So what is a media day? Basically, it’s when you set aside X amount of time to simply assist the media. A media day can be before the start of training camp, the Super Bowl or Stanley Cup Finals, the draft or All-Star Game, or before the first practice. You want to hold a media day when there is a lot of interest and media inquiries (e.g. newspapers and magazines want to put out season previews so a media day gives them a chance to not just talk to the coach but players).
You’ll also find that TV and radio want to record spots or commercials for their programs (e.g. the Big Ten Network getting the coaches for a commercial during the Big Ten media day), which is easiest to do when everyone is right there. Whenever you see FOX go through the offensive players (where they say their name, college, etc.) or when CBC asked each of the Red Wings who their role model was growing up during the Stanley Cup Finals, that was likely done at a media day.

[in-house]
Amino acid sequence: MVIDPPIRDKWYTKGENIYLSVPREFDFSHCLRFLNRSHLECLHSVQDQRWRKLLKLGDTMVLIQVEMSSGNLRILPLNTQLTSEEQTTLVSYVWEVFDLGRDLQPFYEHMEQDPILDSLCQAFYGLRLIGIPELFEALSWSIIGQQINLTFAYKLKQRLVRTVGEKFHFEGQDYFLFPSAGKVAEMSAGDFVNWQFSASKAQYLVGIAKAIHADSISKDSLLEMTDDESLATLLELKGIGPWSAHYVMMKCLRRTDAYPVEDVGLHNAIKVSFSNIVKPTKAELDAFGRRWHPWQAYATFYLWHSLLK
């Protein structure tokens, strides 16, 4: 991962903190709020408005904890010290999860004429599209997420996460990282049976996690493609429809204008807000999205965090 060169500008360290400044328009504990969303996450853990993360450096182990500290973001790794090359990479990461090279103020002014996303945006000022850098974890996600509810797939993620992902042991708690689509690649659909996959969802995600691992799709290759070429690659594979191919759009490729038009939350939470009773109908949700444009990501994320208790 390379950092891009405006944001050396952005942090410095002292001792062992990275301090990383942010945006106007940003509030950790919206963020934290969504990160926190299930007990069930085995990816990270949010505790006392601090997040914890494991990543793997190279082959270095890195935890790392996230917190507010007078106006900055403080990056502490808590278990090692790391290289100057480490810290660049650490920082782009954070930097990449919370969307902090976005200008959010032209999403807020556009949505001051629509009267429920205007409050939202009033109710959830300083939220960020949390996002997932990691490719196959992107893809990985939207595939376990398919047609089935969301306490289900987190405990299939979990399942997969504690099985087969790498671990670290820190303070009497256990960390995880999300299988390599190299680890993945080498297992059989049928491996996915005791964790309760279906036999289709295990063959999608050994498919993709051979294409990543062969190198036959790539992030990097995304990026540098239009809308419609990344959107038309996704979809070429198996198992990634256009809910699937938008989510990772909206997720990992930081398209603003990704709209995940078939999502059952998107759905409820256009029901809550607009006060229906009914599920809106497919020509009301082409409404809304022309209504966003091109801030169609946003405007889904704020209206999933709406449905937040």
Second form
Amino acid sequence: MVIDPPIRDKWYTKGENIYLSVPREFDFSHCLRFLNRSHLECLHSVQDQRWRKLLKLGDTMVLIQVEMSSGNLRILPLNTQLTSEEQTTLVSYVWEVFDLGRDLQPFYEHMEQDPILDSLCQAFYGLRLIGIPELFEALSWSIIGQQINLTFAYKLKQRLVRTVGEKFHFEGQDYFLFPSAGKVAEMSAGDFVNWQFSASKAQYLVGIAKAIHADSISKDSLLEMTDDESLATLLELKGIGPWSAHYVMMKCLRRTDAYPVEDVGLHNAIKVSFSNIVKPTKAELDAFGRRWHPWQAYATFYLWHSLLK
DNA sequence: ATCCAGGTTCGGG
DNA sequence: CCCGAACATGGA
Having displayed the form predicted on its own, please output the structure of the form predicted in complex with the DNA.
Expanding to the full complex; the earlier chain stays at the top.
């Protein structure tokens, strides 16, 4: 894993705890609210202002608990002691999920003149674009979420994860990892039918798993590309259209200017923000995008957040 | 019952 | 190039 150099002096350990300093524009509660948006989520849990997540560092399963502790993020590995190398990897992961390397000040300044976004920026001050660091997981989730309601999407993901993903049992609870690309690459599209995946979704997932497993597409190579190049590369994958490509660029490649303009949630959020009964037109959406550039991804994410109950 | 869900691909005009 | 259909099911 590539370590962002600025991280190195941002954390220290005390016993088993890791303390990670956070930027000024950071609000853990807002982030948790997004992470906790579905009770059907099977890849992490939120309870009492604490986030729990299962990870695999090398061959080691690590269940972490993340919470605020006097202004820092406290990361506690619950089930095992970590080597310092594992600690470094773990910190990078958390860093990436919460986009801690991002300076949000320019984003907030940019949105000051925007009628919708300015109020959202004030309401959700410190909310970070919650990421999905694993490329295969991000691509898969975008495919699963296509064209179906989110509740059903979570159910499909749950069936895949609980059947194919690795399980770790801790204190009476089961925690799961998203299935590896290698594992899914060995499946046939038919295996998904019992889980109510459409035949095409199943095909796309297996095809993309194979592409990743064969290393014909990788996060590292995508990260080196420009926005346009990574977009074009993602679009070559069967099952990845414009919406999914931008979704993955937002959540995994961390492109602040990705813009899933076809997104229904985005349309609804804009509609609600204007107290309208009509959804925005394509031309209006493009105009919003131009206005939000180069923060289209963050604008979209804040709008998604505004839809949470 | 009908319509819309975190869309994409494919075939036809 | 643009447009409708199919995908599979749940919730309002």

Photo By Dave Sandford/NHLI via Getty Images
Locker rooms or your average media lounge aren’t the most ideal locations to host masses of people trying to interview various subjects. A media day can happen outdoors or in a large conference hall, but it offers enough room to accommodate all of the credentialed media members.
I have been blessed with the opportunity to work the NHL’s media day prior to the start of the Stanley Cup Finals in each of the last two seasons. The event lasts one afternoon and roughly goes as follows: